Camille’s replacement is a 1:1 copy – sans la chemie – and rather than create a new and inspiring character the writers update the outgoing female lead. That wouldn’t have worked when DI Poole was killed and it certainly doesn’t work this time. People care about the relationship between Camille and DI Goodman. When he falls of the balcony, she immediately runs to him and starts yelling at him. If that ain’t no tell tale. Still, all of a sudden all that is gone. The final Camille episode is terribly weak and unconvincing, lazy writers, lazy producers thinking the people will watch whatever they serve them. Unfortunate they’re right. But it is certainly below the BBC’s standards. With three out of four of the original characters gone the show feels like Midsummer Murders, not a good thing. A new police officer joins the crew and becomes a lodger at the B&B Camille’s mother runs. So what’s next for Death in Paradise, trouble perhaps? Right now, it doesn’t really matter.
Season four was the weakest by far. DI Goodman lost a lot of his clumsiness, there is little chemistry between the cast characters and nobody really ever cares for the whodunit part. By itself, that’s too bad because they’re interesting and creative riddles.
Everybody cheered for DI Goodman when he sent his wife packing, after she came to the island to make up for not following him there. People were worried they would get back together but luckily they didn’t. He realizes he loves Camille and now the producers commit an even bigger crime by letting Camille go.
The show is in tatters and it will be difficult to fix. The quality of writing is terrible. You see a lock on the floor and DI Goodman comments how it was forced. Really? Nobody likes a boring, uninspiring smart-ass. The relationship between the two officers in uniform is just as silly and the best you can do is record the show and fast-forward most of it.
What for season five
When DI Poole got murdered, the producers should have promoted Camille to the position of DI and send over some twat who knows it all – magic by the books – from London as her clumsy side kick, that would have been a nice change, without altering the basic premises of the show.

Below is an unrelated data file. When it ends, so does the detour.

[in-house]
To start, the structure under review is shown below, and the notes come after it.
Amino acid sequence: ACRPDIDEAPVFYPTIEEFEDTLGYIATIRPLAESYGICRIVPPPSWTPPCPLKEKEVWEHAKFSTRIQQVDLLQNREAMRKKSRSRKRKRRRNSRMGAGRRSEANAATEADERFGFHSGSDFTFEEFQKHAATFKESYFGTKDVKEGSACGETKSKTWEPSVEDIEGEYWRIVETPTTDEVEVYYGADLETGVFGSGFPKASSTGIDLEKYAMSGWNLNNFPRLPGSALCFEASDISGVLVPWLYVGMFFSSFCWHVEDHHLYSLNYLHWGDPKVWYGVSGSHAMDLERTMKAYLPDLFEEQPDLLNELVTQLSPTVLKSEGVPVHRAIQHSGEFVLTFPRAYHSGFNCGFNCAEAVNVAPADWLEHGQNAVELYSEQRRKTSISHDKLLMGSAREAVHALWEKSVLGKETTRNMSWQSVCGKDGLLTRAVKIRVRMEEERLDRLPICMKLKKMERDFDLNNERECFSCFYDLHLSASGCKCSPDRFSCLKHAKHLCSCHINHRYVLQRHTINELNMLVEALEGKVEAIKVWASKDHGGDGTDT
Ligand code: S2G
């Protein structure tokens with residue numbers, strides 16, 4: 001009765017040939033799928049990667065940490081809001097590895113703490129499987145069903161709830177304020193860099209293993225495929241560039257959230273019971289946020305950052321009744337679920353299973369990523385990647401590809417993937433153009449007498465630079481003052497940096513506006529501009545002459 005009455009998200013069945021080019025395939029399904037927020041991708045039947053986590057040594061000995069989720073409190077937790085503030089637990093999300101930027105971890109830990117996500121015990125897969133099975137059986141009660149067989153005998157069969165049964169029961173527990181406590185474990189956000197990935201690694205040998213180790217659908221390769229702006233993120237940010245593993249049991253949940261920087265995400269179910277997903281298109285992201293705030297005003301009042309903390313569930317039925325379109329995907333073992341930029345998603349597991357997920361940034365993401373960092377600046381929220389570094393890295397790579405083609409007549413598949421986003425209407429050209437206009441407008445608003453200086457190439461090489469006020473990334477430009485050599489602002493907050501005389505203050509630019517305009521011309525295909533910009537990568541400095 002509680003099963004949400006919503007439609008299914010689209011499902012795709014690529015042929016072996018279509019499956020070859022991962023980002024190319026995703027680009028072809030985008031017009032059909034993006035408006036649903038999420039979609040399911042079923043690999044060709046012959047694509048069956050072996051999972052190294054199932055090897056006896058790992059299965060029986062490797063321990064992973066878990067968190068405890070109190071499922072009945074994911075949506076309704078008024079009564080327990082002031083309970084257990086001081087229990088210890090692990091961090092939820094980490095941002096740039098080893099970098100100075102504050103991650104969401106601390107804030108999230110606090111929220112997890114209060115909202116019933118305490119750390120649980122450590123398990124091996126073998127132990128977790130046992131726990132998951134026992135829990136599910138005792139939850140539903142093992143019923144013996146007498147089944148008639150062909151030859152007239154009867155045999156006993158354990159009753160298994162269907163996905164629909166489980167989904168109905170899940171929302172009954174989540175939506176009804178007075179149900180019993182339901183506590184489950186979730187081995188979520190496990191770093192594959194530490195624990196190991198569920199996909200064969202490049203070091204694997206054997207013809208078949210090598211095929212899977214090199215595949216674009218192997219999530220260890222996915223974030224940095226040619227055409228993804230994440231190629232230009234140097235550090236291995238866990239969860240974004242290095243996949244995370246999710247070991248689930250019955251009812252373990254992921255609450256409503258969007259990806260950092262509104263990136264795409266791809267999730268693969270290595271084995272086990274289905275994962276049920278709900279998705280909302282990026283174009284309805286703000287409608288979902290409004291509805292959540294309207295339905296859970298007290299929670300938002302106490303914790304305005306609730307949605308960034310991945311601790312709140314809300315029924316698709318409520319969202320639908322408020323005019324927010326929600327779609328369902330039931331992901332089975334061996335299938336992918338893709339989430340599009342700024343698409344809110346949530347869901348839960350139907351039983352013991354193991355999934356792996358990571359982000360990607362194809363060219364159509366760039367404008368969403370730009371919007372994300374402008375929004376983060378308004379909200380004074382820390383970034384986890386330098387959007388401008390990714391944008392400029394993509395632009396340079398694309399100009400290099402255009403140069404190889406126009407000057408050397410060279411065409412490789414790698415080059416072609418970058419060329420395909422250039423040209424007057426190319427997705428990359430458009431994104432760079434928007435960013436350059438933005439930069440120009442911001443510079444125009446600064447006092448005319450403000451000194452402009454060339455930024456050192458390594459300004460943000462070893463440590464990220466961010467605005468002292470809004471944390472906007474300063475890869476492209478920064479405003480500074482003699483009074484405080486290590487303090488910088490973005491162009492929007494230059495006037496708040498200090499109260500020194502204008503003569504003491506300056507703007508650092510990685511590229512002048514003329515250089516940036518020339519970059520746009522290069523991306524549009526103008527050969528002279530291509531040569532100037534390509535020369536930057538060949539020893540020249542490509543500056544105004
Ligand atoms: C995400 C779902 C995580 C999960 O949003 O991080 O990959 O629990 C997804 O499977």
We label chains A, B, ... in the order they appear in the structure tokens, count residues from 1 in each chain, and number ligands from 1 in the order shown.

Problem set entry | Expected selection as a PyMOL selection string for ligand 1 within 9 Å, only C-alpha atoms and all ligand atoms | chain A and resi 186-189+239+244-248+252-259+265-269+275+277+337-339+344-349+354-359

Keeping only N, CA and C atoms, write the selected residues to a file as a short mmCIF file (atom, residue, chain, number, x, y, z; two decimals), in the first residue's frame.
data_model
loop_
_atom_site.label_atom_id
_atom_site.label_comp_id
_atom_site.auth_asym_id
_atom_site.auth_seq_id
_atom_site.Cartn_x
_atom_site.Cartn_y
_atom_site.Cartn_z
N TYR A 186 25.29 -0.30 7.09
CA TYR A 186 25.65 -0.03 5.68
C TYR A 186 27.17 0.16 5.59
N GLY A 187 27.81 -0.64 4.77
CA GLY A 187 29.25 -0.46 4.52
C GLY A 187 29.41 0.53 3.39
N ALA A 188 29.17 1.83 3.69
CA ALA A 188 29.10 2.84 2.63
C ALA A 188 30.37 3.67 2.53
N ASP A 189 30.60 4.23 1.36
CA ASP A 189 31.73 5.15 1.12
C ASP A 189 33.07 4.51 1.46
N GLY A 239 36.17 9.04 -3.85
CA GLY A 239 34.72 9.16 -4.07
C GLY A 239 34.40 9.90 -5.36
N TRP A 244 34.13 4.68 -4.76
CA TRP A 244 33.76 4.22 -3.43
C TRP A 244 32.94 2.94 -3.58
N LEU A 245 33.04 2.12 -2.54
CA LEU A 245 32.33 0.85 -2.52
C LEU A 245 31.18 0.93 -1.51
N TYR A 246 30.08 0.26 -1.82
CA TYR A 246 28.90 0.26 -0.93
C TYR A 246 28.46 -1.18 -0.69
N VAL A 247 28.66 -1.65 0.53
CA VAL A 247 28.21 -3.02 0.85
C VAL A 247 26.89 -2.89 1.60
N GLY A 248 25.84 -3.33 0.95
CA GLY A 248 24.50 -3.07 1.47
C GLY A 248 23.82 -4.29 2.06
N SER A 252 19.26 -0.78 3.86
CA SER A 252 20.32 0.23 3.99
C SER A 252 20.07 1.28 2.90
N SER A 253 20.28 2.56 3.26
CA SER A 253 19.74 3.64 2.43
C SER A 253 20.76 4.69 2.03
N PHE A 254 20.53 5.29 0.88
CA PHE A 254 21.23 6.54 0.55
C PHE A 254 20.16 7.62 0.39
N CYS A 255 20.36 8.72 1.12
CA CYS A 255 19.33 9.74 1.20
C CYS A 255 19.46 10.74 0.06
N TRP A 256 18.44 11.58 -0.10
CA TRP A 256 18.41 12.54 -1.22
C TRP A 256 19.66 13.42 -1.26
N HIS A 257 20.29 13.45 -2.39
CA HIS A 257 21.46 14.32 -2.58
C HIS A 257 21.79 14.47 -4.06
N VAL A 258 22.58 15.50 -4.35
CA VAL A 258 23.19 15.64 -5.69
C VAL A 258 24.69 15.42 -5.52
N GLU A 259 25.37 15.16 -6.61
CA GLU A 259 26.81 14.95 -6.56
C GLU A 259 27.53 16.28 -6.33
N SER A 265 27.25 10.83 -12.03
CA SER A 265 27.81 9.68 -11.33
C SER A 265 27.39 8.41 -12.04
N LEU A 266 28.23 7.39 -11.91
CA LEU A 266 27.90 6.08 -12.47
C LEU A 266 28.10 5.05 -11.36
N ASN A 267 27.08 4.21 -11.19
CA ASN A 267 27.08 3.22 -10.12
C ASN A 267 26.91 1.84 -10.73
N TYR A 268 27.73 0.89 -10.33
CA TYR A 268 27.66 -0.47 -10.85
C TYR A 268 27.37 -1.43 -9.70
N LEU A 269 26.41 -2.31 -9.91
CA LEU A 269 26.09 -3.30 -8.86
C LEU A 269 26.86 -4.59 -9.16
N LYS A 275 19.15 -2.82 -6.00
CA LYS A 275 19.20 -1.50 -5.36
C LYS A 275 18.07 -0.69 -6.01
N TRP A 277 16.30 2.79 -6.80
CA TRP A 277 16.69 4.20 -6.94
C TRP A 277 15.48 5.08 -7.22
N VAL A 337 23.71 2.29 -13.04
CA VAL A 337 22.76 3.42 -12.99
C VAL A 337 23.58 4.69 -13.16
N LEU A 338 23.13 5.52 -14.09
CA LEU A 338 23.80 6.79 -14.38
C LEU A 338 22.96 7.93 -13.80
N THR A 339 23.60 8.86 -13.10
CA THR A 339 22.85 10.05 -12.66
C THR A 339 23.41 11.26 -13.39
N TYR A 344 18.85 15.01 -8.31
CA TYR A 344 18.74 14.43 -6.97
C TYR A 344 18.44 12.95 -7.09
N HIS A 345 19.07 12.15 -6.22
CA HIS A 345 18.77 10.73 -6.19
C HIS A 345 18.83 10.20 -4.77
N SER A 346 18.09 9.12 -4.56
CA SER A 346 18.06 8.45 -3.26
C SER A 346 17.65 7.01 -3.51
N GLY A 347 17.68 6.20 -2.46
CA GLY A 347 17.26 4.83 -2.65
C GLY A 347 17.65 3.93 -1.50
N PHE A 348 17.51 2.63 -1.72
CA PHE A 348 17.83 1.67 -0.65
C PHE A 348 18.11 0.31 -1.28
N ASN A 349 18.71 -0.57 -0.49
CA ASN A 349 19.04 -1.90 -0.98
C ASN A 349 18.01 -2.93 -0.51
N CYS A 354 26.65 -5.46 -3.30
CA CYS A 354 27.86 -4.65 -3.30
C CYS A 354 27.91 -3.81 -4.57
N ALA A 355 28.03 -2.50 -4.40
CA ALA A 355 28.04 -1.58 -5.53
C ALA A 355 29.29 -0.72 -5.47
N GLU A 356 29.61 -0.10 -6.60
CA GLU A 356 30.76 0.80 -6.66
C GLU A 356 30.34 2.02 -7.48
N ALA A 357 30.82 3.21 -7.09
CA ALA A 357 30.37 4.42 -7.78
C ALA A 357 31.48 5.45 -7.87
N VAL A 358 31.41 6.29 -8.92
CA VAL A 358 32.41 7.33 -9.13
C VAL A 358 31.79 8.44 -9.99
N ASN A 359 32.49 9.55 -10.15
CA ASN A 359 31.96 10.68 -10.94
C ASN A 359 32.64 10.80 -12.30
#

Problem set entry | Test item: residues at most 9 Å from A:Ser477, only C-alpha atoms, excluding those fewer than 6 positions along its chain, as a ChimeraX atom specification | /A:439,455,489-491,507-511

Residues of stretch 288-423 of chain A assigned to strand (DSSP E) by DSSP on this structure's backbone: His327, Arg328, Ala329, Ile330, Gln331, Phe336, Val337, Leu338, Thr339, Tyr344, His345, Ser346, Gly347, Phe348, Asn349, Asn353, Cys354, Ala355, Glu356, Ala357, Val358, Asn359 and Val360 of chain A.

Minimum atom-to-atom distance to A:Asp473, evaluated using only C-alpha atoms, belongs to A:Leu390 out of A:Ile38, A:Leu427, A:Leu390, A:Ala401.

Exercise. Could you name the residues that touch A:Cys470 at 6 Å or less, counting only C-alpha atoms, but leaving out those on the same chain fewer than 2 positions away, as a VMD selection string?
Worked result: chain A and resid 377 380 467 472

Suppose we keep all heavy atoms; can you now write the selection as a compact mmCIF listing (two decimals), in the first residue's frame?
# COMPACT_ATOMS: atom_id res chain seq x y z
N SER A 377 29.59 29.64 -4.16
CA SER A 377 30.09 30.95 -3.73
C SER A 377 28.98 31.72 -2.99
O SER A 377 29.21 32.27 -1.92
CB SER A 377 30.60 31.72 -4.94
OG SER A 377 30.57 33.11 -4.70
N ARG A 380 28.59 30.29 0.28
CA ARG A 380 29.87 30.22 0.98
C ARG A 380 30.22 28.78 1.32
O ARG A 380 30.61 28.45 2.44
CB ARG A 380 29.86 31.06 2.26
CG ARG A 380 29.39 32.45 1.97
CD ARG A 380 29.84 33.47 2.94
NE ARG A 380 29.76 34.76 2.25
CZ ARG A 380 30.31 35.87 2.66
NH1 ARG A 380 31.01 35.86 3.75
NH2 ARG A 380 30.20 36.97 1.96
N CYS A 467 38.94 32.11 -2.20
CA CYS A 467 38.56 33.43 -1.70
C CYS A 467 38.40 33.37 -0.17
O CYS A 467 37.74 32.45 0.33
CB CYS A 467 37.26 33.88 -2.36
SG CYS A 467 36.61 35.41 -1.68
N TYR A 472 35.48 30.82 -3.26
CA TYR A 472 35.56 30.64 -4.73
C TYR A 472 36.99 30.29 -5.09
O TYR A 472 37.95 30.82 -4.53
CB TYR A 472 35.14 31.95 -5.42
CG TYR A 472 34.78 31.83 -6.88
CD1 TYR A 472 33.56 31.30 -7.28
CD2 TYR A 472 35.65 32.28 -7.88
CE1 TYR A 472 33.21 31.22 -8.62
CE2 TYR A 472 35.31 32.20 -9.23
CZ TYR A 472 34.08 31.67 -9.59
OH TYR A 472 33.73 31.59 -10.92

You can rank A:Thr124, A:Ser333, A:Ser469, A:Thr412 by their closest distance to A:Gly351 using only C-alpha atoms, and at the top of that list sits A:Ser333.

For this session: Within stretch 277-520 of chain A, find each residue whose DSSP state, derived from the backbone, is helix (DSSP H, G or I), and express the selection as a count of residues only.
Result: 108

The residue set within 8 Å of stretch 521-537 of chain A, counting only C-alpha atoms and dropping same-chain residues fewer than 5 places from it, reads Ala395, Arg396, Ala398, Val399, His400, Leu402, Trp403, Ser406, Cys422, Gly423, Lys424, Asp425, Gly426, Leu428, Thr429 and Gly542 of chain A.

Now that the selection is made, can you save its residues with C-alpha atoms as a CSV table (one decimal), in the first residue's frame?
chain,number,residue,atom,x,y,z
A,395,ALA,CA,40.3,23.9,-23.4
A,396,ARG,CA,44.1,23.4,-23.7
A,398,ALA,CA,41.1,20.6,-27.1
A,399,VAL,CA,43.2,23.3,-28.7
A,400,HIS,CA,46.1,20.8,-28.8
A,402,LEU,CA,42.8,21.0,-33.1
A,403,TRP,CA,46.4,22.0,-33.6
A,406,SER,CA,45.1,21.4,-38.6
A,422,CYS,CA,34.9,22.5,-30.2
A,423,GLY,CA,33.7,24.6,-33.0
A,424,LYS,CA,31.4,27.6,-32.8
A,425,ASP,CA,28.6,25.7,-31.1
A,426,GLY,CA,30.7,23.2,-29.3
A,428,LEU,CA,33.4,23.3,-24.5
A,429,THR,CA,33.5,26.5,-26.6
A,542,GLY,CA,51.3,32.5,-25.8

The show needs an injection of some kind, meaning characters have to leave. Everybody’s preferred solutions is bringing Sara Martins back. What if there is some murder, perhaps of a fellow officer that DI Goodman cannot solve on his own and Camille returns to help him catch the killer and decides to stay. Or perhaps DI Goodman himself leaves the show – not good for the romantic interest, but overall, why not? Saint Marie is a dangerous island, people get murdered like clockwork, once a week on Mondays, Winter only. So how about sending DI Goodman home? Easy enough, his predecessor’s killer escapes and takes revenge on the officer who puts him behind bars, all friendly with palm trees and so on, Death In Paradise style of course. Camille returns, gets promoted to DI, solves his murder, stays on the island and solves murders with her team. Her bright female replacement becomes her right hand and a somewhat annoying brat is imported from London. It would be an interesting upgrade to the programme. The show has potential for so much more but unfortunately the BBC will probably stick to the easy viewing concept.